Carl Dean "Alfalfa" Switzer (August 7, 1927 – January 21, 1959) was an American child actor, professional dog breeder and hunting guide, most notable for appearing in the Our Gang short subjects series as Alfalfa, one of the series' most popular and best-remembered characters. He died at age 31 after being shot.
Switzer was born in Paris, Illinois, the second son, fourth and last child of Gladys C. Shanks (née Doerr) and G. Frederick Switzer. He was named Carl after the Switzer family and Dean after many relatives in his grandmother's family. He and his older brother, Harold Switzer, became famous around their hometown for their musical talent and performances; both sang and played a number of instruments.
The Switzers took a trip to California in 1934 to visit with family members. While sightseeing they eventually wound up at Hal Roach Studios. Following a public tour of the facility, 8-year-old Harold and 6-year-old Carl entered into the Hal Roach Studio's open-to-the-public cafeteria, the Our Gang Café, and began an impromptu performance. Producer Hal Roach was present at the commissary that day and was impressed by the performance. He signed both Switzers to appear in Our Gang.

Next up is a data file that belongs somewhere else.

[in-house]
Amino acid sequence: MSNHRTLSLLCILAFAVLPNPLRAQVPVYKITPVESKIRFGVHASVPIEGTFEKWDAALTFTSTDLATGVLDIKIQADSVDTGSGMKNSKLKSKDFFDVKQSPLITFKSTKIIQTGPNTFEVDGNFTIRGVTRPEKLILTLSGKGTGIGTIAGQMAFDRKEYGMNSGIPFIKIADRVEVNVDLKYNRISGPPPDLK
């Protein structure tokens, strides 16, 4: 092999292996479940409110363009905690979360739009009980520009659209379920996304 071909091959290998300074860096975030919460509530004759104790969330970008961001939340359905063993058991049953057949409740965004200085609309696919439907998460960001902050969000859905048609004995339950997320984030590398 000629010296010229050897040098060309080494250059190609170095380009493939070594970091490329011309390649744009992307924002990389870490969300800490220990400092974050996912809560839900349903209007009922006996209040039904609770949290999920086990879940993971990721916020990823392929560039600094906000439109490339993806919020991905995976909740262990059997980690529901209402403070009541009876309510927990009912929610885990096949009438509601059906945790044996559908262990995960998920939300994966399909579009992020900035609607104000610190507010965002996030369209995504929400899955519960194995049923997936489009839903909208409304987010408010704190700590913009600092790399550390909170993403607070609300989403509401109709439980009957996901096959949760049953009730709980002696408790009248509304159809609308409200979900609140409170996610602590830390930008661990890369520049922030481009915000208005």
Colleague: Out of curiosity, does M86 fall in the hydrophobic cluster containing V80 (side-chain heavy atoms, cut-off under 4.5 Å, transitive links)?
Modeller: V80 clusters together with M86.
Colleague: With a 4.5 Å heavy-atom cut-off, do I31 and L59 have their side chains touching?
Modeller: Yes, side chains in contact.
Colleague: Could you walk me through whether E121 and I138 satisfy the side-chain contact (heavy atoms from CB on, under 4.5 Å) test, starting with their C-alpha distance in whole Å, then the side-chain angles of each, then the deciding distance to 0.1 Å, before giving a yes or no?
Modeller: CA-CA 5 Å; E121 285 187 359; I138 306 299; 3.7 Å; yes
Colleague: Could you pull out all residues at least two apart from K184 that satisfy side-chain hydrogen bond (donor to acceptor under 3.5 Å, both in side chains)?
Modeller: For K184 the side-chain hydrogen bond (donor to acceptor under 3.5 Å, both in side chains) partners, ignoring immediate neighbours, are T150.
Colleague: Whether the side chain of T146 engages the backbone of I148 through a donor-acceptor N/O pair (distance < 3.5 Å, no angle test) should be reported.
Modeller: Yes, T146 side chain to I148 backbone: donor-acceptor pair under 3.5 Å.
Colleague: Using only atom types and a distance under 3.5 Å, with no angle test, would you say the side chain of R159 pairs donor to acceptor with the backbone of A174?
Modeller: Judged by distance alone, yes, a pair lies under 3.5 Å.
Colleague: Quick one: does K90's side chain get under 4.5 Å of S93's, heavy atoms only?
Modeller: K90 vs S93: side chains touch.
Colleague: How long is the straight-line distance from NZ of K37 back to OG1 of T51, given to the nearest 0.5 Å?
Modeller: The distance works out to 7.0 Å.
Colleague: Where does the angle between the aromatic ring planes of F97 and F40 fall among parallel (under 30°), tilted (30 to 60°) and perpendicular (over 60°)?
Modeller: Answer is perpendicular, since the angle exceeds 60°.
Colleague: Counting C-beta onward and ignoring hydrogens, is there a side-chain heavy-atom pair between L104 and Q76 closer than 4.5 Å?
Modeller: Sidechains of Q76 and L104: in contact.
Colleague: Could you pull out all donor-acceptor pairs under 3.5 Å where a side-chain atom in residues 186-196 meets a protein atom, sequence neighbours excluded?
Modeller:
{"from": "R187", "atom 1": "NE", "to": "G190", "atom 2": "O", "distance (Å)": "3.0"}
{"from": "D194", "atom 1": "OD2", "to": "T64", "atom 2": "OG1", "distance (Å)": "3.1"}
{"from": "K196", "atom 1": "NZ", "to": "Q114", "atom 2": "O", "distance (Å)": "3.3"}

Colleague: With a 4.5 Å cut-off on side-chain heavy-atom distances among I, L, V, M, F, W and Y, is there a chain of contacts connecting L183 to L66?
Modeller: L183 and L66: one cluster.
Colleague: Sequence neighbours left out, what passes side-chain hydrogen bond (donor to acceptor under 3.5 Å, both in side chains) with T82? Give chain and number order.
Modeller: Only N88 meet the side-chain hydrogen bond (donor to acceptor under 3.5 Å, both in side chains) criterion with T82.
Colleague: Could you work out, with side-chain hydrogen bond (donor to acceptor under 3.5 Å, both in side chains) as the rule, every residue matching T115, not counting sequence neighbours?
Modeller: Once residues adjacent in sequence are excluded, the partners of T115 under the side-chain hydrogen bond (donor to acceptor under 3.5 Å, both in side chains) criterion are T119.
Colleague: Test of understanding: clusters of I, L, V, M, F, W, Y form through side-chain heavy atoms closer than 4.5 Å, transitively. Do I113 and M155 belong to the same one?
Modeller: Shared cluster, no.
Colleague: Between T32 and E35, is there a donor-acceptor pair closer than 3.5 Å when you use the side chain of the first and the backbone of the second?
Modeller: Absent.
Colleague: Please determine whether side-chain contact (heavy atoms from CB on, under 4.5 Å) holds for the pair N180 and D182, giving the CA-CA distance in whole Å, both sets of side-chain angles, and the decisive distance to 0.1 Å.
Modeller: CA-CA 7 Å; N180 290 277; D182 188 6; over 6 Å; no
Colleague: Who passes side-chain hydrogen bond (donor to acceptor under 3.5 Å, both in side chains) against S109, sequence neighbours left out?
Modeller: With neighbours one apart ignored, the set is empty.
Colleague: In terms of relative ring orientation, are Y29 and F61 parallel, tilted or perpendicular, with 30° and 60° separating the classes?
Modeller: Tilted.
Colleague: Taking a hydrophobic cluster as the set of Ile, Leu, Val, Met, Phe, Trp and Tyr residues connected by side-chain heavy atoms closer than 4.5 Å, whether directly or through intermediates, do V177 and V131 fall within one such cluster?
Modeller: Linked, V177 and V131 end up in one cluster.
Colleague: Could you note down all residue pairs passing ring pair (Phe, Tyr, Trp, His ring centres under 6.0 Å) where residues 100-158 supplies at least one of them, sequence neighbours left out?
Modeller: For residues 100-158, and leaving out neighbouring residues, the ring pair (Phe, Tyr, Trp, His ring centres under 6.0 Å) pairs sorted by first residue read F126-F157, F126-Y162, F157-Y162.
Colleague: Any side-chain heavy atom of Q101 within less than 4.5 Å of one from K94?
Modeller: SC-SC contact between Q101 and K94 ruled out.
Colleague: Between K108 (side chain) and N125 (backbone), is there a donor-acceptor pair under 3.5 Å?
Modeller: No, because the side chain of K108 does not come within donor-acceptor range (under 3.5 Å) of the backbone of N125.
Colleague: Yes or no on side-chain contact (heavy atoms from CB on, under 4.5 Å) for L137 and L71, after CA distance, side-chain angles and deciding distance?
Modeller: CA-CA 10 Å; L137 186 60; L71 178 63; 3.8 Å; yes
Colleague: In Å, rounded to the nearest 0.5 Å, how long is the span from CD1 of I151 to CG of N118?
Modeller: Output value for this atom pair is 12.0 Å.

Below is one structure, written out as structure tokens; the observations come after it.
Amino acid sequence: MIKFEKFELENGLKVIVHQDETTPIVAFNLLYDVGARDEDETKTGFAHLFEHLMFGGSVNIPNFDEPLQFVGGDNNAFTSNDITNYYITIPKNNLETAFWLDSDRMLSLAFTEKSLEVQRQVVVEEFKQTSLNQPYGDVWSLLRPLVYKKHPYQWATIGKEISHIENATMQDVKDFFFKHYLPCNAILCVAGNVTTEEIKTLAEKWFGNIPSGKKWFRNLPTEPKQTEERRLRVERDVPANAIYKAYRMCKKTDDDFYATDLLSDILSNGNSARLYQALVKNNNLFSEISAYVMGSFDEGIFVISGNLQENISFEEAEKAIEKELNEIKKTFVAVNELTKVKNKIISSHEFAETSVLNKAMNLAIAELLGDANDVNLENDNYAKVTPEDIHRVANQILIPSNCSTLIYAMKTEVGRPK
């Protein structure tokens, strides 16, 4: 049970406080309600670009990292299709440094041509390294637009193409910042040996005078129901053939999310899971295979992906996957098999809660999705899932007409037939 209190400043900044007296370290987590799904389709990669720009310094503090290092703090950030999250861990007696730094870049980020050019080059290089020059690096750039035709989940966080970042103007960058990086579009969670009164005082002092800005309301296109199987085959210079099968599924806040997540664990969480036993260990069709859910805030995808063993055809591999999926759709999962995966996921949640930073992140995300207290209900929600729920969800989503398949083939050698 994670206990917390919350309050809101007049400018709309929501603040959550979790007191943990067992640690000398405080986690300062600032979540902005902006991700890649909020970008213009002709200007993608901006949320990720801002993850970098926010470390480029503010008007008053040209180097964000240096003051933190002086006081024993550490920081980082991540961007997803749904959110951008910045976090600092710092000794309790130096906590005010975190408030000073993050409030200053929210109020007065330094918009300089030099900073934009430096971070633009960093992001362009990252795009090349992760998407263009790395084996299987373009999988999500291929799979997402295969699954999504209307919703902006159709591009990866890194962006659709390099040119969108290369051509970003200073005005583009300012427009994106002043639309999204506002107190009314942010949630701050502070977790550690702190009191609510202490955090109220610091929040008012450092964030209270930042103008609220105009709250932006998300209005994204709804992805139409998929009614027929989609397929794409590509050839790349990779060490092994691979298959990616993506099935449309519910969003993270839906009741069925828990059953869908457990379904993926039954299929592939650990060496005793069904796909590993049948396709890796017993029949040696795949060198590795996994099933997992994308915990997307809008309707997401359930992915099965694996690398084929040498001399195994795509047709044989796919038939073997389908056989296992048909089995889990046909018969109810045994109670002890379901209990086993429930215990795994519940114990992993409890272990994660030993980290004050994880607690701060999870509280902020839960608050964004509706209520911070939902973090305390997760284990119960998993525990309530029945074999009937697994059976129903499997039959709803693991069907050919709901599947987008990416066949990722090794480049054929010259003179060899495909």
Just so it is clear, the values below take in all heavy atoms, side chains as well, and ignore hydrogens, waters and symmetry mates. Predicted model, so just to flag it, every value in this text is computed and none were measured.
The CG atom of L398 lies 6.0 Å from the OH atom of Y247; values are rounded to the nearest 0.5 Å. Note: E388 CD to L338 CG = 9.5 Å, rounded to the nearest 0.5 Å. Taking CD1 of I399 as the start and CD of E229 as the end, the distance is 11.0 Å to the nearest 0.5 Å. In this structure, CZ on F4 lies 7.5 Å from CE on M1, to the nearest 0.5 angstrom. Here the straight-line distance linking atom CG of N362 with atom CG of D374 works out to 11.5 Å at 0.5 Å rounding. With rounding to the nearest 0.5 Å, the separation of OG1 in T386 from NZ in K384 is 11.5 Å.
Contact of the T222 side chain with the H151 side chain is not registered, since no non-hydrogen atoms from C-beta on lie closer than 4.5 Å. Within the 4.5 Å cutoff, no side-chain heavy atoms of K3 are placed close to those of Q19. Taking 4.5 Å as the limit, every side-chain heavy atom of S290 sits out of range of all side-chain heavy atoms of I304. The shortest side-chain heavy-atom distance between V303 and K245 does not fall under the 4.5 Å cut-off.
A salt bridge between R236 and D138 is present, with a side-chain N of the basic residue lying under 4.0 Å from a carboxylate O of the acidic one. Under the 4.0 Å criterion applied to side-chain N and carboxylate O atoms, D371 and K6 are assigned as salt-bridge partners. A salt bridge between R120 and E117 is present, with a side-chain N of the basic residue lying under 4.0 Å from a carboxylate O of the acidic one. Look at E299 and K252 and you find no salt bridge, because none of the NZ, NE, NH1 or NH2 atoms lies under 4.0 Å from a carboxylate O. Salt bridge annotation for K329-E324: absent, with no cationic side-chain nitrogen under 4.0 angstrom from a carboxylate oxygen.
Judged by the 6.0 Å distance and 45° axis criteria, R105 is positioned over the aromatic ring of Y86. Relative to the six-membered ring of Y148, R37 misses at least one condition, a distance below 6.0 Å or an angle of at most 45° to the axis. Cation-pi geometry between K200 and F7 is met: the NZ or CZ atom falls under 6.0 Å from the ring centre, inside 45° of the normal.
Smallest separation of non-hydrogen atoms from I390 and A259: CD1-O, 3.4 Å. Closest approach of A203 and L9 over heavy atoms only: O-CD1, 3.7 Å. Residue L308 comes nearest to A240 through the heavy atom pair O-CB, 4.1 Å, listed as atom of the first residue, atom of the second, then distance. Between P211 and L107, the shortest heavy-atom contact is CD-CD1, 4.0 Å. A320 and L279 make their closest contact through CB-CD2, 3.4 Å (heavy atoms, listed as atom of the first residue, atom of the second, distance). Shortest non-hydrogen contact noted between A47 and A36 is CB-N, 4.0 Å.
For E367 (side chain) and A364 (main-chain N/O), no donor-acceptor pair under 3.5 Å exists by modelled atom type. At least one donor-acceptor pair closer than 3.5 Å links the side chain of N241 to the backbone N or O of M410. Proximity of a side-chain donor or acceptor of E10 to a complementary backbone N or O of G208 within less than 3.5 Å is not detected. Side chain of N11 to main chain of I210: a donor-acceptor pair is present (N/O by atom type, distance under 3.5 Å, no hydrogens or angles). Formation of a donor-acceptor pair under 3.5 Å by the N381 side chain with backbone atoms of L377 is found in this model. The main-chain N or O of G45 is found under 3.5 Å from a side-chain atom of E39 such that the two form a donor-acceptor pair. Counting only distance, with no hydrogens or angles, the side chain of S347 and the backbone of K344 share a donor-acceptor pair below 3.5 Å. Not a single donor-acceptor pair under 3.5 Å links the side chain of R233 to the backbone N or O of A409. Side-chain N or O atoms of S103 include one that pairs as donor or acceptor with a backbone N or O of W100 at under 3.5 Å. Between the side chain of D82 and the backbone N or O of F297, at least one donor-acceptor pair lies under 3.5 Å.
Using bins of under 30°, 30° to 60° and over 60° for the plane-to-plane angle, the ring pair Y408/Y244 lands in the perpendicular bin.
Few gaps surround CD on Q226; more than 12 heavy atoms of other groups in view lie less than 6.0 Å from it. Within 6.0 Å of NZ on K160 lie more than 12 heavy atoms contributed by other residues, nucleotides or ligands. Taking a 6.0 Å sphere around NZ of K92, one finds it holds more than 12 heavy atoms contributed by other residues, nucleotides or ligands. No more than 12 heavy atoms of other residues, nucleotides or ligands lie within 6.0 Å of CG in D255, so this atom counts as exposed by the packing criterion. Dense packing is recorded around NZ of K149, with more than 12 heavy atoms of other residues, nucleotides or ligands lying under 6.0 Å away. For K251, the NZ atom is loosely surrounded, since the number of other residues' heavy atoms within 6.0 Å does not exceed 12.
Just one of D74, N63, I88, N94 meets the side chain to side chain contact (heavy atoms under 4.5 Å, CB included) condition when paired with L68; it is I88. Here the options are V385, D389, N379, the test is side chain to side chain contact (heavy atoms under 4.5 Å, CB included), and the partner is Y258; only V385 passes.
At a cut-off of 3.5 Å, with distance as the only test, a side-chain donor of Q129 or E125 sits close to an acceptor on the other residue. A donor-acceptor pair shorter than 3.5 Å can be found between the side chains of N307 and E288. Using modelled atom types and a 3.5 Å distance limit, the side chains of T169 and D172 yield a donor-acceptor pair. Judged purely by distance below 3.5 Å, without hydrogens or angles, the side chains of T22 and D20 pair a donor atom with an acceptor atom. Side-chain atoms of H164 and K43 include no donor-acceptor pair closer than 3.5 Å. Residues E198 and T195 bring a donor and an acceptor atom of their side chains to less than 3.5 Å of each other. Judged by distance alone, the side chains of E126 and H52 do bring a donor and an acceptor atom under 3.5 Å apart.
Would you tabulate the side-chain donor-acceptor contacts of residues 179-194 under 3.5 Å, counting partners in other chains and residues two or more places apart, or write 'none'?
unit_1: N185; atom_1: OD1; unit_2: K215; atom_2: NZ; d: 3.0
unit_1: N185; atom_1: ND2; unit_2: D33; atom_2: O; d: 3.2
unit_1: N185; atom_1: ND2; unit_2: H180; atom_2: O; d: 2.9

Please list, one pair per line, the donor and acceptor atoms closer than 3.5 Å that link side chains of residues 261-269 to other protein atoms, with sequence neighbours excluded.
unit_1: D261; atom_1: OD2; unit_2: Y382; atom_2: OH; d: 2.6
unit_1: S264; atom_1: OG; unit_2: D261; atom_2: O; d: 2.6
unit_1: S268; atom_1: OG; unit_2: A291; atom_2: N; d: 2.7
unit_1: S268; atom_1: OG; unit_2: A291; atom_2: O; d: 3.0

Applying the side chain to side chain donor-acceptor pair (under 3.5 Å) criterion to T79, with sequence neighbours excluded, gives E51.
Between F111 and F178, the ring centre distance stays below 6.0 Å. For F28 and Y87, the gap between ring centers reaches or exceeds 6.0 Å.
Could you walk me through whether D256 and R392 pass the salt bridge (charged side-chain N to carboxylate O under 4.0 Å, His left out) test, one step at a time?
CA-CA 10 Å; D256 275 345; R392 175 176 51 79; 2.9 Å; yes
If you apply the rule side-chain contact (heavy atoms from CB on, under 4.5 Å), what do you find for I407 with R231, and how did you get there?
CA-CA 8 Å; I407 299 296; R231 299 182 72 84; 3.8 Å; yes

Céline Marie Claudette Dion, CC OQ, (French pronunciation: [selin djɔ̃] ( listen); born March 30, 1968), is a Canadian singer. Born into a large family from Charlemagne, Quebec, Dion emerged as a teen star in the French-speaking world after her manager and future husband René Angélil mortgaged his home to finance her first record. In 1990, she released the English-language album Unison, establishing herself as a viable pop artist in North America and other English-speaking areas of the world.